From Napoleon’s defeat at Waterloo to the sinking of the Titanic, history is full of shocking plot twists, but maybe none were as tragic as the fate of Crown Prince Rudolf of Austria. Attractive, rich, and powerful, Rudolf had everything—until the fateful day he threw it all away, changing the course of the future forever.
Crown Prince Rudolf Facts
1. He Was Spoiled Rotten
Rudolf’s birth on August 21, 1858, was a long-awaited and tense occasion. His mother, the feisty Empress Elisabeth of Austria, had only had girls before him, and his father Emperor Franz Joseph was anxious for a boy who could become the heir. Ecstatic to discover he now had a son, Franz Joseph celebrated by giving the newborn a 101-gun salute in Vienna. But his excitement soon faltered…
2. His Father Hated Him
Franz Joseph could be unbelievably cruel to his son when he wanted. One day, Rudolf was talking on a subject that interested him, but his father’s response was utterly cruel. Instead of paying attention, the Emperor only snapped, “Rudolf is prattling again!” to make the boy shut up in his presence. Wow, I wonder why Rudolf turned out so badly.
3. He Was a Ladies’ Man
Crown Prince Rudolf was only average in the looks department, with chestnut brown hair and a full beard. Except hey, when you’re the Crown Prince of freaking Austria, it doesn’t really matter if you’re hot or not. According to one counselor, women considered bedding Rudolf “a patriotic duty”—and one he took disturbing advantage of.
4. He Was Arrogant
Those who knew Prince Rudolf as an adult took note of his cavalier attitude toward even the most beautiful women. He generally only saw them as wives, mothers, or mistresses, and once apparently complained, “Women bore me when they are not laughing or singing. As a matter of fact, are they good for anything else?” Come on down, ladies.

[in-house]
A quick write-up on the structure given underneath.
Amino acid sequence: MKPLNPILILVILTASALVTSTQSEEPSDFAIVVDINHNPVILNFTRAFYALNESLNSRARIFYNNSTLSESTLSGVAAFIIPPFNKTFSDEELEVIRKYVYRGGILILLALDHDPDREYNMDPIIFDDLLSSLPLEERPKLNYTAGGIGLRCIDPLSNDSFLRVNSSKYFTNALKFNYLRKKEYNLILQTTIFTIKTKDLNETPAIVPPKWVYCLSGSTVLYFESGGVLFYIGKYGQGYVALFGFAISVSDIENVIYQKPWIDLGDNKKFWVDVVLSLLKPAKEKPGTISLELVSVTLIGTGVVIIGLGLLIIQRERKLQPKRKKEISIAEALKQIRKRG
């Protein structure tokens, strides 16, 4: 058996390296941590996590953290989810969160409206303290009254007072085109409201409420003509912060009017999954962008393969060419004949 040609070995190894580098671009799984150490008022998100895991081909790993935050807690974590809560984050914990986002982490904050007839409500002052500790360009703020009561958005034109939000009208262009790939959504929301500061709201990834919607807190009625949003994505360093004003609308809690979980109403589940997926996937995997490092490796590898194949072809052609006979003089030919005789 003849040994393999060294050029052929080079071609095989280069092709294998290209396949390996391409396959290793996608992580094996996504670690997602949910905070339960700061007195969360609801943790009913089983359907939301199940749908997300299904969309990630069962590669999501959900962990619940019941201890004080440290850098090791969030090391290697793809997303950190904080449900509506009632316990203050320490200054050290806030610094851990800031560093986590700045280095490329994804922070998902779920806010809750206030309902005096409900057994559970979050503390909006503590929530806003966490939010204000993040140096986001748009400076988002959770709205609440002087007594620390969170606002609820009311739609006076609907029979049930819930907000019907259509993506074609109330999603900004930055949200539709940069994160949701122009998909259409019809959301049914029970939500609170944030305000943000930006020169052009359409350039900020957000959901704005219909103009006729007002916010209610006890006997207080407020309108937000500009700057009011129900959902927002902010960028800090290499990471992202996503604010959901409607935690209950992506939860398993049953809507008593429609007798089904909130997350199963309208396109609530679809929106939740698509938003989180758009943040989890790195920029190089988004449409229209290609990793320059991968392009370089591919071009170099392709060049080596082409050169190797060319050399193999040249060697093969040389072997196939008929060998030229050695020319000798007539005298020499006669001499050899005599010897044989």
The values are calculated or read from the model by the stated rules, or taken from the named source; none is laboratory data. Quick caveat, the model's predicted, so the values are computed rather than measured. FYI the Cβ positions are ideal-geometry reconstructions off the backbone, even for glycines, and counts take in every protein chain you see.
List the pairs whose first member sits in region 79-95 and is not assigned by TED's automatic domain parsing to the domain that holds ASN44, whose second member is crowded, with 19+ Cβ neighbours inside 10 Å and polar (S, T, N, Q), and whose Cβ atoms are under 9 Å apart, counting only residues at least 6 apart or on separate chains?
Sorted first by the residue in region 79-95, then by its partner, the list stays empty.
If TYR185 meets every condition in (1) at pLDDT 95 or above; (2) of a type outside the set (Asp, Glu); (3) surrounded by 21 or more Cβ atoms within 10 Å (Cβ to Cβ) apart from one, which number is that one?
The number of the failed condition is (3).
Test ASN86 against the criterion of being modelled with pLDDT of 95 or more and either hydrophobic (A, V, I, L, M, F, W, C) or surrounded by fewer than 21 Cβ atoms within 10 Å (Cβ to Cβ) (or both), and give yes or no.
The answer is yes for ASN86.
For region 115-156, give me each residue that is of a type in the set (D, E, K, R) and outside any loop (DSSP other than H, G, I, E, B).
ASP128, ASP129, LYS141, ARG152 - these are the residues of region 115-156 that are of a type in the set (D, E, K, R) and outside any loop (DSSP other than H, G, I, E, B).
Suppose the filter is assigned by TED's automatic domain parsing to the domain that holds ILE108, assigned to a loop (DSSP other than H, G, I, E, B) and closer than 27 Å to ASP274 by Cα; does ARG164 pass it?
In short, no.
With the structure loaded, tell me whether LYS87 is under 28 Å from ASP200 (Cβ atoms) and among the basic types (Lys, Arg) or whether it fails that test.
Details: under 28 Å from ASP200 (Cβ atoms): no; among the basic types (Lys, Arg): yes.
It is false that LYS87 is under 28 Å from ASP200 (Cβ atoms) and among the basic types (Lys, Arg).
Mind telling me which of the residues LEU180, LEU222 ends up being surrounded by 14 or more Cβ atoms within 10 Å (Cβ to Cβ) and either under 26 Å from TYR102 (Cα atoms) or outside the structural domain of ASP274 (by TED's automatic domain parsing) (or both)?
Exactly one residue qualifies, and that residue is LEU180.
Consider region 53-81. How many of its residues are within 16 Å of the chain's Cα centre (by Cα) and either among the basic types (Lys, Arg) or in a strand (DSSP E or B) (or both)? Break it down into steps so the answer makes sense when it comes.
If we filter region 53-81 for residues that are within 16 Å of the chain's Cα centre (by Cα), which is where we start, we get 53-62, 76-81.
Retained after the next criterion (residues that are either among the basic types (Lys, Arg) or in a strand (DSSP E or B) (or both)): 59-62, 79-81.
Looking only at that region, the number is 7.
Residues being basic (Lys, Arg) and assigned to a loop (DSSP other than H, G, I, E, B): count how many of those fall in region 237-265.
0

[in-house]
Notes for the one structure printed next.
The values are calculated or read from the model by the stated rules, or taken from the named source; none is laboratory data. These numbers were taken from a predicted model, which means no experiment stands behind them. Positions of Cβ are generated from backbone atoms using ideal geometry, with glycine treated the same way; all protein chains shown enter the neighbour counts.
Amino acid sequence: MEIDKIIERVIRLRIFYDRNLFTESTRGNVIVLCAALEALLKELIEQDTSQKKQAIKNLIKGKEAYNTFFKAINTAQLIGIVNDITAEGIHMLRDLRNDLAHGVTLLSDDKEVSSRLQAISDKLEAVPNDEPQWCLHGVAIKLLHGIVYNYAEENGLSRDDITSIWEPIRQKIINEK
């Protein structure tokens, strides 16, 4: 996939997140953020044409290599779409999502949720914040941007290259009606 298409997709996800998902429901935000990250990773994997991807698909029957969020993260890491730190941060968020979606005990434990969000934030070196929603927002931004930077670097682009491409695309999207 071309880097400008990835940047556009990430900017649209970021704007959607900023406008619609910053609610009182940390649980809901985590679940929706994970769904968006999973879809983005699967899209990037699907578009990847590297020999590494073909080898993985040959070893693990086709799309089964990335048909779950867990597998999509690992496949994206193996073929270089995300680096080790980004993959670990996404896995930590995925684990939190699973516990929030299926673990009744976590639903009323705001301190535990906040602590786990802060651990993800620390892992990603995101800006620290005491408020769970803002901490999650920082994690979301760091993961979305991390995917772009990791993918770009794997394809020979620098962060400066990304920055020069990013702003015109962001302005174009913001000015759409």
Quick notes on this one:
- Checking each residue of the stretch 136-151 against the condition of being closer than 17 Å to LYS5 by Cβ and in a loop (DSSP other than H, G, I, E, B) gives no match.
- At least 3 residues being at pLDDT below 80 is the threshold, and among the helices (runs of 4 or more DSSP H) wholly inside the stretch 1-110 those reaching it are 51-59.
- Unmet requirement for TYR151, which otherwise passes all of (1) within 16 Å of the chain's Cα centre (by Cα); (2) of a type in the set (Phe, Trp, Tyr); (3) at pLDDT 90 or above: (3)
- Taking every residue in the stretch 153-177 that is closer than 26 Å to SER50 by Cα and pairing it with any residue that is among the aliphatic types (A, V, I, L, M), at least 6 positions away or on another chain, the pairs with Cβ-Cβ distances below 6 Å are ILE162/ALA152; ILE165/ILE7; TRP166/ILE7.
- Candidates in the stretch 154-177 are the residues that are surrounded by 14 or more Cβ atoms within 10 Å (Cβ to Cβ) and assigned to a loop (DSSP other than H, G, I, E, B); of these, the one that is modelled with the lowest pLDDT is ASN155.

5. His Family Was Dysfunctional
Growing up as a Crown Prince isn’t all it’s cut out to be. Not only was Rudolf’s mother Elisabeth one of the most beloved monarchs of her day, she was also domineering, opinionated, and absent for much of his formative years. However, his father Emperor Franz Joseph was even worse. Franz wanted a manly heir, and he was disappointed to find his son emotionally vulnerable. But that was just the beginning of the nightmare.
6. His Father Put Him Through an Ordeal
In order to drill manhood into his young son, Franz Joseph hired a Major-General to take over the boy’s education. The scenes from this period of Rudolf’s life are like something out of a horror movie. The Major-General would wake Rudolf up with pistol shots in the middle of the night and force him to train in extreme weather conditions. And then it all came to a messy climax…
7. He Went Nearly Insane
When Rudolf’s mother Elisabeth returned from a lengthy stay away, she witnessed a chilling sight. Her only son was a total wreck and on the brink of insanity. Immediately, the headstrong Elisabeth demanded her husband stop the training. Luckily for Rudolf, his father gave in…but the damage was done. This near-mental collapse might explain Rudolf’s infamous actions in his later years.
8. The Emperor Tried to Control Him
Once Crown Prince Rudolf got himself out of Full Metal Jacket: The Victorian Years, it turned out that he had an incredibly keen mind and an insatiable curiosity. He even hoped to go to university someday, although his father put the kibosh on that plan, believing that schooling was beneath Rudolf’s station. But then his parents got even more controlling…
9. His Parents Forced Him to Marry
When the Crown Prince hit his early 20s, his parents started looking for a suitable bride for him to marry. Unfortunately for Rudolf, “suitable” didn’t mean “emotionally compatible,” it meant politically advantageous. So when they landed on Princess Stephanie of Belgium simply because she was wealthy and well-connected, maybe it’s no surprise it ended horrifically.
10. He Got Bored of His Bride
Rudolf picked Stephanie over a couple of other options, but they mostly married because the Catholic Princess pickings were slim and his parents were pushing him to settle down. In a “steamy” letter to his mother, Rudolf called his fiancée “pretty, good, [and] clever.” Whoa boy, better go take a cold shower before you overheat. Then, when Stephanie arrived at the palace, it went from bad to worse.
11. His Fiancee Hid a Dark Secret
After proposing to Stephanie, Rudolf made arrangements to have the girl travel to Vienna for the wedding ceremony in 1880. But when she arrived, the princess’s embarrassing secret came out. She hadn’t even reached puberty yet, and had no idea what was required of her in the royal bedchambers. The poor, mortified girl had to ship herself back to Belgium to grow up and get an “education.”
12. He Was a Cradle Robber